New center receives NIH Cancer Moonshot grant to tackle inequities in prevention

woman receiving mammogram

October 28, 2019—Researchers at Harvard T.H. Chan School of Public Health and Harvard University  have received a grant from the National Institutes of Health’s National Cancer Institute to fund the creation of an implementation science center focused on cancer control equity. The award is through the NCI’s Cancer Moonshot program, which aims to speed the rate of improvements in prevention, detection, and access to therapies.

The new Implementation Science Center for Cancer Control Equity will be led by Karen Emmons, professor of social and behavioral sciences and Elsie Taveras, executive director of the Kraft Center for Community Health and division chief, General Academic Pediatrics, at Massachusetts General Hospital, Conrad Taff Professor of Nutrition in the Department of Pediatrics, Harvard Medical School, and professor in the Department of Nutrition at Harvard Chan School.

The Center will partner with the Massachusetts League for Community Health Centers to develop sustainable strategies for ensuring that all patients have access to evidence-based cancer prevention. One of six implementation science centers funded by NIH in September, the Center focuses its efforts on improving cancer control equity.

While there are disparities in outcomes for patients with all types of cancers, they are far more prevalent in preventable cancers such as cervical, lung, and colorectal, Emmons said. “There’s a pattern that occurs over and over again. When an early detection or prevention strategy such as colonoscopy is developed, there is less uptake in settings that serve more vulnerable populations, and then we start to see differences in cancer outcomes by characteristics like race, ethnicity, and income.” Through the new initiative, Emmons and her team hope to identify strategies that will help community health centers identify and address barriers to care.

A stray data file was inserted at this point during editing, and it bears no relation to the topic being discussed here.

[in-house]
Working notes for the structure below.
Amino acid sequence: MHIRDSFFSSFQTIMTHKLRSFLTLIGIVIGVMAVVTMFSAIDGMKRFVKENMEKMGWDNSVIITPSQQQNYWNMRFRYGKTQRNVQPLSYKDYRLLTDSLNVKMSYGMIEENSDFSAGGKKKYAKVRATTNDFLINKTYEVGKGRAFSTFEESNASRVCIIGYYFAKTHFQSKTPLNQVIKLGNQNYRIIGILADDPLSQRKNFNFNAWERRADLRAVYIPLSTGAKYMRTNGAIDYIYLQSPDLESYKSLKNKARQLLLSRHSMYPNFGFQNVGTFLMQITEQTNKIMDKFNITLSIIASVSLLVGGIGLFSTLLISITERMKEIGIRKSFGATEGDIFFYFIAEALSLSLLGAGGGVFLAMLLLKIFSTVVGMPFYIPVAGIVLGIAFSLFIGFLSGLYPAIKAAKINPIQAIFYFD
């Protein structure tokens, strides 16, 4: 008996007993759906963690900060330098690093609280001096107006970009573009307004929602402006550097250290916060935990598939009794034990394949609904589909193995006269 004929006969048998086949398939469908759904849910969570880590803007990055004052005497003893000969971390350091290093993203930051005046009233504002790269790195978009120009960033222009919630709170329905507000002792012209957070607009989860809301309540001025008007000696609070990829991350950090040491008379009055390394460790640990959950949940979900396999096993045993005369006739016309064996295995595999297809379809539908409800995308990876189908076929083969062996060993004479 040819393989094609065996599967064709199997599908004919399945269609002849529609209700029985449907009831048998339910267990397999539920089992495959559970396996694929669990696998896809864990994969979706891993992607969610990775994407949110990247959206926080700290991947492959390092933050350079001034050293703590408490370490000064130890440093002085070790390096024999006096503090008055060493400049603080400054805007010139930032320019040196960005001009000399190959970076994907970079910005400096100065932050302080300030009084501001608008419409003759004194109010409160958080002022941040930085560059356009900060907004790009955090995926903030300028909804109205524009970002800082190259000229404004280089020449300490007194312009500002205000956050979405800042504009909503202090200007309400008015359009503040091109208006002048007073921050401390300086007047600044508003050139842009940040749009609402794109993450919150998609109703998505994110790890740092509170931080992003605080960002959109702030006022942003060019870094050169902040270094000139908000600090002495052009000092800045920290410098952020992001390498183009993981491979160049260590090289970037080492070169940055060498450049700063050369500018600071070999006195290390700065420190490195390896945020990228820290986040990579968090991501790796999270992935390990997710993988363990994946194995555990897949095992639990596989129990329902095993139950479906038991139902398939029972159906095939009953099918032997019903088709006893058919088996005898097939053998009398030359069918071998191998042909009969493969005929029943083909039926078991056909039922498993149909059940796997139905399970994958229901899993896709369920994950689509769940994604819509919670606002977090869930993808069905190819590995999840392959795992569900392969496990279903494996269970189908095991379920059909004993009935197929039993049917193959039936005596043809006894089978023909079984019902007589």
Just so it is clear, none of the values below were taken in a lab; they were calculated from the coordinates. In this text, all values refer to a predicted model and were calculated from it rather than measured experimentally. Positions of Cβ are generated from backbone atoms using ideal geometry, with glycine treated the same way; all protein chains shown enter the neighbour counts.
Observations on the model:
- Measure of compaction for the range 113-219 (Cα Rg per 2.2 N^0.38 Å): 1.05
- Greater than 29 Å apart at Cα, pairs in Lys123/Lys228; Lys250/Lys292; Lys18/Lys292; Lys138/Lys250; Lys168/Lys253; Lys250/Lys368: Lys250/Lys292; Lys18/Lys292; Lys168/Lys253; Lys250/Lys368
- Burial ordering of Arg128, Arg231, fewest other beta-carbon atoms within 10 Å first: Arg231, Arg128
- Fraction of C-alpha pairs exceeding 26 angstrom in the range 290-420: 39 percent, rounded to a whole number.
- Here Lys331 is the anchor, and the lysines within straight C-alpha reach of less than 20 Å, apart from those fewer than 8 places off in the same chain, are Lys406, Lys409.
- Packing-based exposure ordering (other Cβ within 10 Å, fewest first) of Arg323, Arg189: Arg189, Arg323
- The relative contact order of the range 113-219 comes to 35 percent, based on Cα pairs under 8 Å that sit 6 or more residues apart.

Their efforts will be aided by a population health management platform used by more than half of the Commonwealth’s 51 community health centers. The platform is integrated with electronic medical records at the centers and will allow researchers to obtain a big picture view of care—and gaps—across the system. Initial pilot projects will look at whether encouraging patients to be screened for both breast cancer and colorectal cancer will increase usage of both procedures and be more efficient for staff, and at ways to improve implementation of evidence-based cancer prevention interventions around nutrition, physical activity, and tobacco through partnerships between health centers and community organizations.

Emmons said that while she and her colleagues hope to help their community health center partners build their capacity to design studies and implement new strategies, the learning will be a two-way street. “We will learn from them how they are working with other resources in their communities, and how they’re innovating,” she said.

Ultimately, Emmons hopes that the Center will help develop strategies that can be sustained at their partner sites and scaled up more broadly in conjunction with other Implementation Science Centers across the country.

Amy Roeder

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